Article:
I felt Candy scuttling over me, cheeping in anxiety; the sound seemed to drive whatever monster we faced into a rage, and it roared so loudly that dirt pattered down from the ceiling onto my face; there was a sharp snapping noise and then a ghastly, pained exhalation – the voice of a tree being cut down, if trees had voices.
And then the world lit up: fire was bursting out from somewhere, Frige knew where, and I could see in the flickering light the massive, bulky head of no creature living, all angles and prongs and jagged tearing nubs of ossified leather—
The fire was too bright. I had to close my eyes, and listen to the pounding rhythm of unfamiliar footsteps beneath the red darkness of my eyelids.
“Are we all OK?” asked Cheren, at length.
“I'm fine,” said Bianca. “It didn't touch me. Smokey's OK... How about Lelouch?”
“His tail is broken,” replied Cheren grimly. “But since he's a Servine, it should be all right... Alder? Lauren?”
“Conveniently forgetting me,” said Halley. “I'm alive. Not that you care.”
“Here,” he said. “Just – oof – winded.”
“Here,” I said, or tried to say, but I didn't manage anything except a light breath through dry lips. I licked them and tried again. “Here.”
“Lauren? Where are you?”
“She's here,” said Halley. “Look – keep your hand on me – yeah, now you've got her.”
“Lauren, are you all right?”
“I feel weird,” I replied honestly. “I don't think I can get up right now.”
“You haven't broken anything, have you?” asked Alder sharply.
“No,” I said. “My head hurts, but not that much. I don't think anything is broken. I just...”
“Hang on,” said Halley. “I can get you back on your feet.”
Several sharp somethings dug into my side, and I sat up sharply.
“That's the ticket,” said Halley kindly. “Up you get.”
“Look, you needed a f*cking hand, I was here to give it—”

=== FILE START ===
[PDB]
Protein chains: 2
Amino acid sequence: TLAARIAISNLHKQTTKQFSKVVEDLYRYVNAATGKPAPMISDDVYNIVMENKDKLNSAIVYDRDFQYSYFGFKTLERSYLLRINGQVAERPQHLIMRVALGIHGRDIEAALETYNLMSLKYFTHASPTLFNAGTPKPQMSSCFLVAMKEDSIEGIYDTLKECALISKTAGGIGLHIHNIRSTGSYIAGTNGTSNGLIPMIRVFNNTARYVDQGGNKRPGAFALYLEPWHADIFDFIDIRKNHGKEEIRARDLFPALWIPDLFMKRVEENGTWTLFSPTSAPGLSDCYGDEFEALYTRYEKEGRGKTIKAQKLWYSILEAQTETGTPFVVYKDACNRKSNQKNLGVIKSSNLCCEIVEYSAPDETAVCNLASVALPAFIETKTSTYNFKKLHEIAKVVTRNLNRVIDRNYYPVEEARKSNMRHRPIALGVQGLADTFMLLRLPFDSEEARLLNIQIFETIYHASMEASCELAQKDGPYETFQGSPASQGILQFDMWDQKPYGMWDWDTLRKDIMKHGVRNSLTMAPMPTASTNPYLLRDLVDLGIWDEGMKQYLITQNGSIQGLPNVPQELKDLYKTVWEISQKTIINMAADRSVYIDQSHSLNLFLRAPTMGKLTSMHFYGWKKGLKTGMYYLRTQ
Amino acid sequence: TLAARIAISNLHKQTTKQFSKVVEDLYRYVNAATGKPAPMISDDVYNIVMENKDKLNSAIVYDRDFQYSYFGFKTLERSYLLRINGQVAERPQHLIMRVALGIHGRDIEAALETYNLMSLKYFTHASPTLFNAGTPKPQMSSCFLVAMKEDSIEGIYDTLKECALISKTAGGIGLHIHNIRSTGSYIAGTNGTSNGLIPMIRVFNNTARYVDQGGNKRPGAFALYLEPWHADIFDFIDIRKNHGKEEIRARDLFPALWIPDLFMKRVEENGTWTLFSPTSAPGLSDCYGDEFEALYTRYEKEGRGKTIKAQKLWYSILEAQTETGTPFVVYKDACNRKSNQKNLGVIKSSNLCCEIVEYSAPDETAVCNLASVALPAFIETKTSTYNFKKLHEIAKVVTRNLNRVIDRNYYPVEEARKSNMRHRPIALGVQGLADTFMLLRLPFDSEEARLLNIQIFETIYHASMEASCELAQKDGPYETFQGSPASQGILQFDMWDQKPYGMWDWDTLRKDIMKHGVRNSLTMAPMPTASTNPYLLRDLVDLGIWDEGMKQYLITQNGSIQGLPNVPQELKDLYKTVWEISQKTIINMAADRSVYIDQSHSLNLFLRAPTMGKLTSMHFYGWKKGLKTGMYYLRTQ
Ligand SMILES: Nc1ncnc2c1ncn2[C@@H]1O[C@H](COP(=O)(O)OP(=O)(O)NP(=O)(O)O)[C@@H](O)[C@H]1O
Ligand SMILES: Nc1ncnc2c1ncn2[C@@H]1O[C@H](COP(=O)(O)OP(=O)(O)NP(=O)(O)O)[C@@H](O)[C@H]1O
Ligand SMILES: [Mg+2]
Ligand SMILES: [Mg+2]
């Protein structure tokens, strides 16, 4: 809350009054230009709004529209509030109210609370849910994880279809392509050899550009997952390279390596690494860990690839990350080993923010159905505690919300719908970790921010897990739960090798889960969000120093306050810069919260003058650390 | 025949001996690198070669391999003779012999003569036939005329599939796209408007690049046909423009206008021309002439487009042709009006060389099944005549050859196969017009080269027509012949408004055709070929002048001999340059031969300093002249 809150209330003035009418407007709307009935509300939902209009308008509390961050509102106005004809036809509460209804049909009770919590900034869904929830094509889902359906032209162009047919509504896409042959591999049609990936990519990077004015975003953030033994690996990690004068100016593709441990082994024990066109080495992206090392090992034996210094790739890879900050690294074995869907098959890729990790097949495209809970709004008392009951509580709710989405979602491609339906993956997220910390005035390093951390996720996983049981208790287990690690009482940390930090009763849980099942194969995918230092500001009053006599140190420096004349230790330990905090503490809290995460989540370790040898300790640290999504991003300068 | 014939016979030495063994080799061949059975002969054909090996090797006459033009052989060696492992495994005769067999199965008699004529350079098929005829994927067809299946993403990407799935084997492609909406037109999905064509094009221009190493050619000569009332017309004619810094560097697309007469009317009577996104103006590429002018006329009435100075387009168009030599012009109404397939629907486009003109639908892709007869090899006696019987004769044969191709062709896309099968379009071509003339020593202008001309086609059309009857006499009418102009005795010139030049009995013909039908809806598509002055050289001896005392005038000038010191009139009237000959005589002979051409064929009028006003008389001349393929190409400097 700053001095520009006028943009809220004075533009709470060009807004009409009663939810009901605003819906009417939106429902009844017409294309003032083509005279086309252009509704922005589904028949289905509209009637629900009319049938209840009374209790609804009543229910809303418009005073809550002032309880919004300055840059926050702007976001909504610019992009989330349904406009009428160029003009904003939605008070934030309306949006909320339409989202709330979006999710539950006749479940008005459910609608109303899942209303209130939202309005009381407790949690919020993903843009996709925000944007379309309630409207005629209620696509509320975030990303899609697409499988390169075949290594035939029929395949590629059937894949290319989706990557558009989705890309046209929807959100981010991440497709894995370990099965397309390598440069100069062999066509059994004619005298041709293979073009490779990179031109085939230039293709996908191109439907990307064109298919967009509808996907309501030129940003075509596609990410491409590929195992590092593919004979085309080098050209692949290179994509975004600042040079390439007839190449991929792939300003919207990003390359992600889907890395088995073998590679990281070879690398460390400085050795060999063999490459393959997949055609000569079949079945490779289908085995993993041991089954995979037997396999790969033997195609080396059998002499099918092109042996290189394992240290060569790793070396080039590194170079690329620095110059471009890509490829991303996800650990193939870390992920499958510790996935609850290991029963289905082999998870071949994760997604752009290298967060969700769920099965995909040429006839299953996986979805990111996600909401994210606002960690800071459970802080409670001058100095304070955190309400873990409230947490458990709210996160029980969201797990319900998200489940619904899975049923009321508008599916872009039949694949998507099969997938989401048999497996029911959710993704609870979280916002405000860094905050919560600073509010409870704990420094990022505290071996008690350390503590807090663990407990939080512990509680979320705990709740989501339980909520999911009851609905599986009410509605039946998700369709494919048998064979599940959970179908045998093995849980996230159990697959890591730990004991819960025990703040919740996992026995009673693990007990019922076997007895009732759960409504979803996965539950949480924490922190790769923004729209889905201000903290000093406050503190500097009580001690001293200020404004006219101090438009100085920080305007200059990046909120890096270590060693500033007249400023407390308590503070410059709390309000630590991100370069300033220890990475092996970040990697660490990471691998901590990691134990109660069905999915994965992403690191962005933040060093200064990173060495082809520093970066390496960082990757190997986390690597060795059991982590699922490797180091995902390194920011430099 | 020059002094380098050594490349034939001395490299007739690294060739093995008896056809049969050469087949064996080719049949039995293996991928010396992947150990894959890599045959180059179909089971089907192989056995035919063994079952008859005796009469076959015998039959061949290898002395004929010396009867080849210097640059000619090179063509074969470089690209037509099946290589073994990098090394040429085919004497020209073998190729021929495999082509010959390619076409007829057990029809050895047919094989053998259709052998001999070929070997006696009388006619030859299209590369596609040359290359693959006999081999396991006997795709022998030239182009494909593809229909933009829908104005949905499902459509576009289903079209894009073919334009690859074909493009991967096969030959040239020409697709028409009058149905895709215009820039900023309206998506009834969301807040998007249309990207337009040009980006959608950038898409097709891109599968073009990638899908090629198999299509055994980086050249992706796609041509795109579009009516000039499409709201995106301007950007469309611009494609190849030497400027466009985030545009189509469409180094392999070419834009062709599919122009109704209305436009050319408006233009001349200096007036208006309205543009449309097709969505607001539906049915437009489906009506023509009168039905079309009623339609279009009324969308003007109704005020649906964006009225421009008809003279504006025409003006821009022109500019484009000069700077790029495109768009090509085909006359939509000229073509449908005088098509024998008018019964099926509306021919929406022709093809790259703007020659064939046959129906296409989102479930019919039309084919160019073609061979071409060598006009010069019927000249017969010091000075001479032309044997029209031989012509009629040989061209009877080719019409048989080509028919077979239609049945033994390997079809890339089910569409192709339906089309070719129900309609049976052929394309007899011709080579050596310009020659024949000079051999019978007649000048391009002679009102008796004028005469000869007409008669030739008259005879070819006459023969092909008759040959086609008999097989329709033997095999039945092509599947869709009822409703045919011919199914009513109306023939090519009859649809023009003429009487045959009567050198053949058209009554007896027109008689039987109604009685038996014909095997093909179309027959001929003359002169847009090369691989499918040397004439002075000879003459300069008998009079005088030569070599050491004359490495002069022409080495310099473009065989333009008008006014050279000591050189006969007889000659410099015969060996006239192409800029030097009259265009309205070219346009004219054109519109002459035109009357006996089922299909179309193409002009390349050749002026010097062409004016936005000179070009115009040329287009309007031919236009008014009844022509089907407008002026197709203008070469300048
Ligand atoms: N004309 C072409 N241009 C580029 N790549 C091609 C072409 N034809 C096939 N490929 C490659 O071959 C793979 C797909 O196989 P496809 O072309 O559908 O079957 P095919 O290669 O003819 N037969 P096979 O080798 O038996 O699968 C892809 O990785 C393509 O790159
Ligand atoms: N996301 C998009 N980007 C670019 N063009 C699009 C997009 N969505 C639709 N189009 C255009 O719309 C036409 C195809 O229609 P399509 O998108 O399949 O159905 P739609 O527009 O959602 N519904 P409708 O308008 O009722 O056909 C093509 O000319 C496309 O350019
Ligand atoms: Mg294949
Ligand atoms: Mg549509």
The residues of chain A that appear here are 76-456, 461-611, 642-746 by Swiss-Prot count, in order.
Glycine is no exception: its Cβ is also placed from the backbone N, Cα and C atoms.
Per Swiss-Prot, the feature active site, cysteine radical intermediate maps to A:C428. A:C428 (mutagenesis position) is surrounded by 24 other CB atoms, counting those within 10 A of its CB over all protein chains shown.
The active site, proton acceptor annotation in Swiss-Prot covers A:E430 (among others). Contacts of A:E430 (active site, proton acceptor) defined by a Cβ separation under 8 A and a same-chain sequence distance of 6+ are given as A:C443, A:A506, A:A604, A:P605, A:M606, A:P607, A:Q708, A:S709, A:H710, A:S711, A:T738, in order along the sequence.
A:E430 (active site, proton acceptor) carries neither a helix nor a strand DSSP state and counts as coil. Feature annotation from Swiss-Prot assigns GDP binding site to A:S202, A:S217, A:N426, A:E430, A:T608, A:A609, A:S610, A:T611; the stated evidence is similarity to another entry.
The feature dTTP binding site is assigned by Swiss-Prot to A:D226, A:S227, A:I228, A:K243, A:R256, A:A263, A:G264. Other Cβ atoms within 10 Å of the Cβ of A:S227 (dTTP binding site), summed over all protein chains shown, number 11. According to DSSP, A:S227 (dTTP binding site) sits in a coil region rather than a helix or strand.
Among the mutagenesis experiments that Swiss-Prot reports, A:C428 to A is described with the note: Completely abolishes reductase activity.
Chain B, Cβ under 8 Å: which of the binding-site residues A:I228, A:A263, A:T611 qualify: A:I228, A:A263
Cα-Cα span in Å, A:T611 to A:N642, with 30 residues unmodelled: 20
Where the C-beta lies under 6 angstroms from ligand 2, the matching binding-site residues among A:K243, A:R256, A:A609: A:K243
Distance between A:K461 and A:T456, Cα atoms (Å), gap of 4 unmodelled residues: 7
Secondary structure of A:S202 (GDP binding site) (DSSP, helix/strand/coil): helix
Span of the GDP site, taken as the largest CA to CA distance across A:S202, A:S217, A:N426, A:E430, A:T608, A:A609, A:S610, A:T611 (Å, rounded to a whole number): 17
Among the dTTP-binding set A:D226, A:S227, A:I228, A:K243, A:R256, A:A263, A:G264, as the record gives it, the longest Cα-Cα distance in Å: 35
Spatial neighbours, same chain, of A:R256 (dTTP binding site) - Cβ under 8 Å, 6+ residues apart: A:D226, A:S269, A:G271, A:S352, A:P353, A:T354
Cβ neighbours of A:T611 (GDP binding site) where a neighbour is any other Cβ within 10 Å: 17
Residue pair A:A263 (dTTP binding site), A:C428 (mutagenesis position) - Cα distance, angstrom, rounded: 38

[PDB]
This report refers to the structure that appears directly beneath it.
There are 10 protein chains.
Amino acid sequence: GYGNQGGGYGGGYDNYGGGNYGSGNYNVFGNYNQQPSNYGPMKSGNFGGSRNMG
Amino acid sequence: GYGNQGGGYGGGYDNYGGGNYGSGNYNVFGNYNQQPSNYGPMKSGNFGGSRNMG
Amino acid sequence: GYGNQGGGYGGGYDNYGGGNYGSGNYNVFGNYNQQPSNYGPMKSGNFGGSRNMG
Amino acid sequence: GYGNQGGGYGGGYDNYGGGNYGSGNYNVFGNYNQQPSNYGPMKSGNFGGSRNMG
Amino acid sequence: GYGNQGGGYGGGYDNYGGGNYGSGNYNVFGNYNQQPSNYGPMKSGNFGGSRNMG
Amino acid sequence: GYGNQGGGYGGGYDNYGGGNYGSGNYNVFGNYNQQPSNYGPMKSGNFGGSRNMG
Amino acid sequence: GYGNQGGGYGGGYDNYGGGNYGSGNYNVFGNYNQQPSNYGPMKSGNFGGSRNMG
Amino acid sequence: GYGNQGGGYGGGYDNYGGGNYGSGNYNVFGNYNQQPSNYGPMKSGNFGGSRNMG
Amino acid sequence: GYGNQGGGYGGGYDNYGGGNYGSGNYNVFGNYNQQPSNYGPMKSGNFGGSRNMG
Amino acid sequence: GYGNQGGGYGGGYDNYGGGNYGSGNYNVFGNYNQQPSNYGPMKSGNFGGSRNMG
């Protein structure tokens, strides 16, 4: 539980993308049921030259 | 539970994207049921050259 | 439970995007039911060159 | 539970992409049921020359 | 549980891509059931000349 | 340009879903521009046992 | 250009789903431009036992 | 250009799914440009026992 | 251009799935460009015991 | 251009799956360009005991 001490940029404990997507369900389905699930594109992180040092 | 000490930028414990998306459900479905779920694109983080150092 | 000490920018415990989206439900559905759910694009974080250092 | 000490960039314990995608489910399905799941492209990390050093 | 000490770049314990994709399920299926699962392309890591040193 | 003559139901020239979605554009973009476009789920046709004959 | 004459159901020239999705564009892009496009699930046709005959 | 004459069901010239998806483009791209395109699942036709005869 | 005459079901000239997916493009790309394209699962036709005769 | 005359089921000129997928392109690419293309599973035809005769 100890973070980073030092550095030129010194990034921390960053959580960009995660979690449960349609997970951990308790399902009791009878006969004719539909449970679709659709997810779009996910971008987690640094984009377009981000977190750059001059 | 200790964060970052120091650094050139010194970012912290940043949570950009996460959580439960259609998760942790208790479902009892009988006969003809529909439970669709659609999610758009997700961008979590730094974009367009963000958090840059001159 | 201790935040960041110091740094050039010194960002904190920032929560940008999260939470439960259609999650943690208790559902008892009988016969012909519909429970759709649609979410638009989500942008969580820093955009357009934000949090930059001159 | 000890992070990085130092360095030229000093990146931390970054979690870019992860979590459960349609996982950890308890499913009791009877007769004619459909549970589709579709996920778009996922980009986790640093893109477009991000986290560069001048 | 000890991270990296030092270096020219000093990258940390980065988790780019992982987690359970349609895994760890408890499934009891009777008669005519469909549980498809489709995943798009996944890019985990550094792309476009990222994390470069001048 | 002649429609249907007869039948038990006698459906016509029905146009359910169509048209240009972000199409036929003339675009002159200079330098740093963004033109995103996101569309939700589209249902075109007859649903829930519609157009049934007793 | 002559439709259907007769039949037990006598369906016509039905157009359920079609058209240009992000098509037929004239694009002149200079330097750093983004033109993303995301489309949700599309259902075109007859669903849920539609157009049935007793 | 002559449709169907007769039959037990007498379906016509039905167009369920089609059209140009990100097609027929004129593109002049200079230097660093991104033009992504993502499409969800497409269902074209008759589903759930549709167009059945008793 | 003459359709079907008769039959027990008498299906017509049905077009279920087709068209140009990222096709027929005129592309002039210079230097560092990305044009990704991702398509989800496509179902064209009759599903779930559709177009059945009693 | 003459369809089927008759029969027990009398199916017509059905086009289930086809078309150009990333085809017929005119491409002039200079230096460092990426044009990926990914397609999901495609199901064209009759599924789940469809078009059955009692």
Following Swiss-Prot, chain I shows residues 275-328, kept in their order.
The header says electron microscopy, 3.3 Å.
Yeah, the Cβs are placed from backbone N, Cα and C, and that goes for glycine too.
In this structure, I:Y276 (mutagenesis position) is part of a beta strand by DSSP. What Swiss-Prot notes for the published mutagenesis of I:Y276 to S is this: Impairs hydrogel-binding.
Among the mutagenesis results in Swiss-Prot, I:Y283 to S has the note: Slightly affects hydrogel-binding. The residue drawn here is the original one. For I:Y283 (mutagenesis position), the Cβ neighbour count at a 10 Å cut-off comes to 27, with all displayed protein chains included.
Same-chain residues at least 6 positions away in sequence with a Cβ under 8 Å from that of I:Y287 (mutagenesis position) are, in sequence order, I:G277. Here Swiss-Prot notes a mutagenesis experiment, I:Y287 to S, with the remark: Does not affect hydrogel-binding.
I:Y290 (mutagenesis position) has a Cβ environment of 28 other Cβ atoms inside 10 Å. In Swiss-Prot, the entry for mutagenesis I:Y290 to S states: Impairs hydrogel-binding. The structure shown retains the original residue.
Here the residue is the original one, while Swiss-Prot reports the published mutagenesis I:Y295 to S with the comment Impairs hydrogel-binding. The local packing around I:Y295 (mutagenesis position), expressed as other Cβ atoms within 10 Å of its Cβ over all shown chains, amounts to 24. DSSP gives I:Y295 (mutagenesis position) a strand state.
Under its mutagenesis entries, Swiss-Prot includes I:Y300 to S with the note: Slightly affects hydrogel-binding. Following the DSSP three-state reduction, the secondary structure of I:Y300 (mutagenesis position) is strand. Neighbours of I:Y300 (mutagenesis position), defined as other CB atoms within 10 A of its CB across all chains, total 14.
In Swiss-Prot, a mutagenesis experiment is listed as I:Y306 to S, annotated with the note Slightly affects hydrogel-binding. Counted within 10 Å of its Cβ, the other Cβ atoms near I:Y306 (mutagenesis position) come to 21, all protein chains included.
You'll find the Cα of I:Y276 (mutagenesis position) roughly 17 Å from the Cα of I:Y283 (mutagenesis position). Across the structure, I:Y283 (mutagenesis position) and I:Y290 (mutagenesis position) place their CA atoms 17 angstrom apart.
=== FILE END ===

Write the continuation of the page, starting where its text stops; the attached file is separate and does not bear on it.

“She might have a serious head injury,” snapped Cheren. “In which case, she shouldn't be moving.”
“I don't, though,” I said, probing the back of my head with a cautious finger. “I think the skin just split a little... yeah. I mean, I've had worse before, when I was climbing a tree.” I got to my feet, leaning on the wall. “Yeah,” I repeated. “I'm OK.”
Something tugged at the leg of my jeans, and I bent down to pick up Candy, biting my tongue against the ache in my head.
“Forgive me if I don't take your word for it,” said Cheren. “We need to get that looked at as soon as we can. But first we need to get out of here.”
“Before that thing comes back,” added Bianca.
“Sh*t... yeah,” said Alder. “Did anyone see it? I only got a glimpse, when your Pignite started spitting fire at it.”
“I saw it,” said Halley in a low voice. “Be thankful you didn't. That was not a Pokémon, nor was it any animal that has a right to exist on this f*cking planet. You didn't see how it fought, did you? It was f*cking learning – you choked it once with Lelouch, Cheren, but next time it happened it saw it coming and had a hand at its throat to pull it off. We're bloody lucky that it's never seen fire before, because it was f*cking fireproof – those flames barely scorched its scales. They did scare it, for now – but only for now, because it's going to realise soon that the fire didn't actually hurt too much, and then it's going to be right back over here to where the big meaty things are walking slowly through its territory.”
That was a hard act to follow. No one said anything for quite some time.
“Woden hang 'em,” muttered Alder. “Where did it come from? What is it? There never used to be anything like that living here before – or anywhere else, for that matter.”
“Valid questions, but ones for another time,” said Cheren assertively. “Halley, get us out of here.”
“Abso-f*cking-lutely,” she said fervently. “This way!”
Ezra lingered on the bridge, leaning on the rail and staring out over the water.
“Problems, problems,” he said, tobacco smoke trickling from between his lips. “It was risky, but there was no other option.”
A skua landed on the rail a few feet away and stared at him with insolent eyes.
“Don't look at me like that,” said Ezra. “If Niamh got the message, I get into the Shrouded Court. And even if she doesn't, she gets Smythe back. If anything, it was a rather self-sacrificial move on my part.”